The kids cheered and the folks that rescued her actively participated and they couldn’t stop smiling. Two of them drove in SPECIAL to be there. It was a really wonderful experience for all of us.

Judy Irving filmed every aspect of the release, as she has been filming all of “GG’s” journey for her new short film on pelicans. Some of you have likely seen her hanging around the center with her camera and gear. She is the filmmaker who made “The Wild Parrots of Telegraph Hill”. This was a great opportunity to do some community outreach and the feedback has been really positive and wonderful.

Media story: Golden Gate wayward pelican healed and at home

September 3, 2008

Deadly spill in Brazil: 260 penguins in care

A new oil spill along the coast of Brazil has claimed the lives of hundreds of penguins. All seem to be victims of a spill from an unidentified source. Most of the penguins found dead were in the southern Brazilian state of Santa Catarina. (Photos: CRAM/Rodolfo P. Silva)

At least 260 live penguins are now in care. The Center for the Recovery of Marine Animals (CRAM), one of the Penguin Network member organizations which is a partnership co-managed by IBRRC and the International Fund for Animal Welfare (IFAW), is deploying personnel and responding with local organizations to help with oiled birds. The key institutions involved are CRAM (MO FURG); Associacao R3 Animal; CETAS-IBAMA and the local Environmental Police (Policia Militar Ambiental). This response is supported by the Petrobras’ mobile units for oiled wildlife response, through their Center for Environmental Defense (CDA – Itajaí).

The responsible for the oil leak has not been found and the exact location of the spill had not been located, although it is believed to be offshore Santa Catarina.

When birds come in contact with oil, their feathers lose their ability to keep bird warm and dry. They spend more time trying to clean their feathers, ingest oil, lose strength and many will freeze to death without human intervention.

In the winter of the southern hemisphere, thousands of Magellanic penguins travel as far as Brazil. They travel north through cold ocean currents as they search for food.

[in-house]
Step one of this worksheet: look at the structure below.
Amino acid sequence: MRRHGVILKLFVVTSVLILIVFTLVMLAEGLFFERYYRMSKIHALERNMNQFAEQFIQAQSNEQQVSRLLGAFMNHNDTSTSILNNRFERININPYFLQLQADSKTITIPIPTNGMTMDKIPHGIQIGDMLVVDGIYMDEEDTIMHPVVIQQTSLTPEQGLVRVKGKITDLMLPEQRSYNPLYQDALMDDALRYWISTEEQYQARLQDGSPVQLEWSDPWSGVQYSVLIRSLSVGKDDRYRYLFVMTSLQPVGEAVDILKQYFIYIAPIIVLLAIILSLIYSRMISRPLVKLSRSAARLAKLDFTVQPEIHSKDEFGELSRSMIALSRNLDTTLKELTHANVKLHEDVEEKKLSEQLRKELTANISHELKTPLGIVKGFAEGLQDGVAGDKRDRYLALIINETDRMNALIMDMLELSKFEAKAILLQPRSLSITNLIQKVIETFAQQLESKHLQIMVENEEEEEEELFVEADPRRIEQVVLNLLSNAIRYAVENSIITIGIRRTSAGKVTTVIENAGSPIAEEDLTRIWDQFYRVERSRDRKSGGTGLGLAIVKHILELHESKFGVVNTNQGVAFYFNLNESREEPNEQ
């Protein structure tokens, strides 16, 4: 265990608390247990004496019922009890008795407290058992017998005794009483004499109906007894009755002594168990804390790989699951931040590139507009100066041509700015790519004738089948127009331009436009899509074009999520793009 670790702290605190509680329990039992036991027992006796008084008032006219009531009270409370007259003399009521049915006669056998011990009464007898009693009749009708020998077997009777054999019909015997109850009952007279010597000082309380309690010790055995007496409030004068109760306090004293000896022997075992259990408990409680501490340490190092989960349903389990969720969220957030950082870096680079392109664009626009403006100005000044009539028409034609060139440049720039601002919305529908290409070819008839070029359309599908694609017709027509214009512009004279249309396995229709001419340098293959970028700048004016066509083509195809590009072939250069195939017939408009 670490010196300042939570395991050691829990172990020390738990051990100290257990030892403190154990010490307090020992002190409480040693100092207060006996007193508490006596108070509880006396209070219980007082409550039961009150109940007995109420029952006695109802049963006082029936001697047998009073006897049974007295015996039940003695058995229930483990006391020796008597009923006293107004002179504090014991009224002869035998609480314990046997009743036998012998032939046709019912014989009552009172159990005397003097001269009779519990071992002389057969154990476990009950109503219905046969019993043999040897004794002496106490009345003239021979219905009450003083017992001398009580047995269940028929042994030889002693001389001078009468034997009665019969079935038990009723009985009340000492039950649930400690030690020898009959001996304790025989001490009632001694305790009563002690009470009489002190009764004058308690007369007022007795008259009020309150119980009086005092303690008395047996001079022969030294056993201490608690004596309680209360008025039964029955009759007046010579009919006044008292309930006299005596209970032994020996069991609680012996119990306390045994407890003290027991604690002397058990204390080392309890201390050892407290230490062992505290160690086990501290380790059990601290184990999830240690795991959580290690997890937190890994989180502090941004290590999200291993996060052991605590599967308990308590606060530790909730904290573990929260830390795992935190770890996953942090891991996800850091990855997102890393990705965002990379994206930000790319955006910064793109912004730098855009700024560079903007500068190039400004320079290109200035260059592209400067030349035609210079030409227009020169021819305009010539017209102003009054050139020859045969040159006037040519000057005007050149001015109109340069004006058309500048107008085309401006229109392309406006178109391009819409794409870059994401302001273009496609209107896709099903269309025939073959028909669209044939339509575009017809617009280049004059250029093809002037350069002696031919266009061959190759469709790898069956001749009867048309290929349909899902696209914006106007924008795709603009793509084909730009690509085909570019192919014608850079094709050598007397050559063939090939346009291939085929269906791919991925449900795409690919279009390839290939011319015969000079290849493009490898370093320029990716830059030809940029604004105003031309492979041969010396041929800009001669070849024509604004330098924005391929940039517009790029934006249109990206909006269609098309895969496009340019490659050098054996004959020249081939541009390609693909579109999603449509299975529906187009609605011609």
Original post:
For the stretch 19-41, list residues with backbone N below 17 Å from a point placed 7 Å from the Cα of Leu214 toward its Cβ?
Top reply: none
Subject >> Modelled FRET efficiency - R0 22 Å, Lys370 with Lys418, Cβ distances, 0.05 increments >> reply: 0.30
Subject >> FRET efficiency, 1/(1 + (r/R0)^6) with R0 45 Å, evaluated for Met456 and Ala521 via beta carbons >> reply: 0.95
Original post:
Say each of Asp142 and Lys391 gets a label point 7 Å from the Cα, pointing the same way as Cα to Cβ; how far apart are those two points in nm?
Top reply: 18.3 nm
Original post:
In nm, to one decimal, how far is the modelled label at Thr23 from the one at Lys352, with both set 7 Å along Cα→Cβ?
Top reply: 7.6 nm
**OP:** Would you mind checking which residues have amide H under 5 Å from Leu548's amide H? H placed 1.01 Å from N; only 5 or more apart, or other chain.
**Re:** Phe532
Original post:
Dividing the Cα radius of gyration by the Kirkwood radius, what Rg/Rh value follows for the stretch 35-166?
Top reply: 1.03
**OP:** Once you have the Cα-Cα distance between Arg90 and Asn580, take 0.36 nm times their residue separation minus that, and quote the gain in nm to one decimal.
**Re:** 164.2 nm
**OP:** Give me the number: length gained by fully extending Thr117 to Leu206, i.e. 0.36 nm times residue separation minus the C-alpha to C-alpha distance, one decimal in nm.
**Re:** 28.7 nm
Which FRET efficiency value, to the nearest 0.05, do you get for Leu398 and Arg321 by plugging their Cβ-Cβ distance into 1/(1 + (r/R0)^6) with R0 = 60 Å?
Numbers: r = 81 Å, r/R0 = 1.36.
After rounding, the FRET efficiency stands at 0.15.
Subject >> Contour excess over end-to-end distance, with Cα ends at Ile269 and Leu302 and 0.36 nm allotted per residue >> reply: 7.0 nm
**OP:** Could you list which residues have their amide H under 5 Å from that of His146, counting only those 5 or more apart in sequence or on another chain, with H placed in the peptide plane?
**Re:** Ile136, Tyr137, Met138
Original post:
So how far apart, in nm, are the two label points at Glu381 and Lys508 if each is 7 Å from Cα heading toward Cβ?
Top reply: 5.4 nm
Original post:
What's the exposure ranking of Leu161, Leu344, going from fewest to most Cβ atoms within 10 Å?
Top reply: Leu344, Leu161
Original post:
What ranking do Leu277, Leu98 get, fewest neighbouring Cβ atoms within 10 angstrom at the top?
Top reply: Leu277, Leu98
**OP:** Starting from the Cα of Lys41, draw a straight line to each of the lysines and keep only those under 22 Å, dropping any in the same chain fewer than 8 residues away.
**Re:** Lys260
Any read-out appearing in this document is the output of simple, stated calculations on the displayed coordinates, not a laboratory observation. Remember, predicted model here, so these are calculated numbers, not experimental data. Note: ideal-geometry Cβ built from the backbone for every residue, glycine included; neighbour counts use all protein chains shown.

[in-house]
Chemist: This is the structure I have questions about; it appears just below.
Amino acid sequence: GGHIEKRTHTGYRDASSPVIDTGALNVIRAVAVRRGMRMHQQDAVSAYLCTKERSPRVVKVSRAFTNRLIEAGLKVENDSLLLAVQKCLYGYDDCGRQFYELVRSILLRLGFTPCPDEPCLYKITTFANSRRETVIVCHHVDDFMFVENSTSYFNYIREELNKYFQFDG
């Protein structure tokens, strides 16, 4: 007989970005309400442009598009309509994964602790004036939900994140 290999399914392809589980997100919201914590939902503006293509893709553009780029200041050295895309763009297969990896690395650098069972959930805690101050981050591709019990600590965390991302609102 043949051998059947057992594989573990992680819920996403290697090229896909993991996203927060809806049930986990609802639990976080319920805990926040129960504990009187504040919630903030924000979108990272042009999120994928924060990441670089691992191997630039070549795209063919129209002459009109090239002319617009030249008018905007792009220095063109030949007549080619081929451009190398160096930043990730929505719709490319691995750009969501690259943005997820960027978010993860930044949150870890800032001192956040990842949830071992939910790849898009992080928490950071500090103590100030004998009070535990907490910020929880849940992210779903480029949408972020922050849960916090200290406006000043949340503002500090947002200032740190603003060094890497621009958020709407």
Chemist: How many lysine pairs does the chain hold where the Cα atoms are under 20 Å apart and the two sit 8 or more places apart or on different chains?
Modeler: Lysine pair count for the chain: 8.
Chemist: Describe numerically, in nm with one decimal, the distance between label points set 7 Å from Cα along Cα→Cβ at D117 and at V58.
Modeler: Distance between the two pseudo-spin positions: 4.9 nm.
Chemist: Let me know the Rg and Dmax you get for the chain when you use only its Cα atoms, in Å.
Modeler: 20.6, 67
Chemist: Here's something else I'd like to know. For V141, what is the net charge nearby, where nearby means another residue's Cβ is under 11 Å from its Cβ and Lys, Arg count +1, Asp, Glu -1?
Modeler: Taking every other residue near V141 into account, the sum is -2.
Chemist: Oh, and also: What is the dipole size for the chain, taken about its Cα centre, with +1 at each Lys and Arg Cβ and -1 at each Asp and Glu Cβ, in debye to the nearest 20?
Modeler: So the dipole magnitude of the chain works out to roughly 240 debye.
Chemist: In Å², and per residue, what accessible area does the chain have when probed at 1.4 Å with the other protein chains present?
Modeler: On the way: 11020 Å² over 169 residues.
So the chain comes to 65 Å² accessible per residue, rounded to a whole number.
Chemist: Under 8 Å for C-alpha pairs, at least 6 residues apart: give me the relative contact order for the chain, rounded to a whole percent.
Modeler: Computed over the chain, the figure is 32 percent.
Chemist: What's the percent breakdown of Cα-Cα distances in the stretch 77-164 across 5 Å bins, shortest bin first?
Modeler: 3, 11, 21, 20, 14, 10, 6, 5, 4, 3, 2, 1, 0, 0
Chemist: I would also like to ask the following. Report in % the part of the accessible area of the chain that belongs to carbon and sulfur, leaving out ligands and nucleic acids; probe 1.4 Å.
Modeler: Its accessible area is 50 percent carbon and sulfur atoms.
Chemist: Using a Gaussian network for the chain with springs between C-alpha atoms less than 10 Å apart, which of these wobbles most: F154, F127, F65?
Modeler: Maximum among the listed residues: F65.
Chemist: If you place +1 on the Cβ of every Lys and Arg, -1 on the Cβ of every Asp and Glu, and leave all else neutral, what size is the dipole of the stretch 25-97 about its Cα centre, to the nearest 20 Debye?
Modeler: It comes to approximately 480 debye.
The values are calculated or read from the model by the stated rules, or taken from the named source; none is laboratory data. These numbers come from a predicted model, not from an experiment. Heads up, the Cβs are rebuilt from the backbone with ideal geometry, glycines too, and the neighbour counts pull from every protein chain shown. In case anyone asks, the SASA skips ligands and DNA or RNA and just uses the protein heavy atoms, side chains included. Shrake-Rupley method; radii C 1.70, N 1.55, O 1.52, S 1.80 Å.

View Larger Map

September 1, 2008

Video: Release of pelicans at Golden Gate Bridge

Another group of young pelicans were released back into the wild by IBRRC volunteers this weekend at Fort Baker near the Golden Gate Bridge. Most if not all of these brown pelicans had been rescued from collision of birds and anglers off the Santa Cruz County coastline in August. A lot of the pelicans came in with fishing tackle injuries before authorities closed the fishing piers in the Santa Cruz area.

Here are our five beautiful brown pelicans being released near Fort Baker. Quite a crowd had gathered in the parking lot on the higher level. All were quiet and respectful. There were many smiles.

John did the release. He wasn’t sure what to do when the first two pelis wouldn’t leave their carrier. He tried gently tilting the carrier. That didn’t work, of course. Then he tried to prop the carrier door open so he could go open the next two carriers. By that time, the first two had worked up their confidence and ventured out, followed by the others. The last to leave wasn’t sure…. He hung around for a little while, trying to make up his mind. We gave him as much time as he needed. And then he must have seen the others, and he took off. I was glad to see that all five were reunited in the water.

Thanks to Jean for the video report.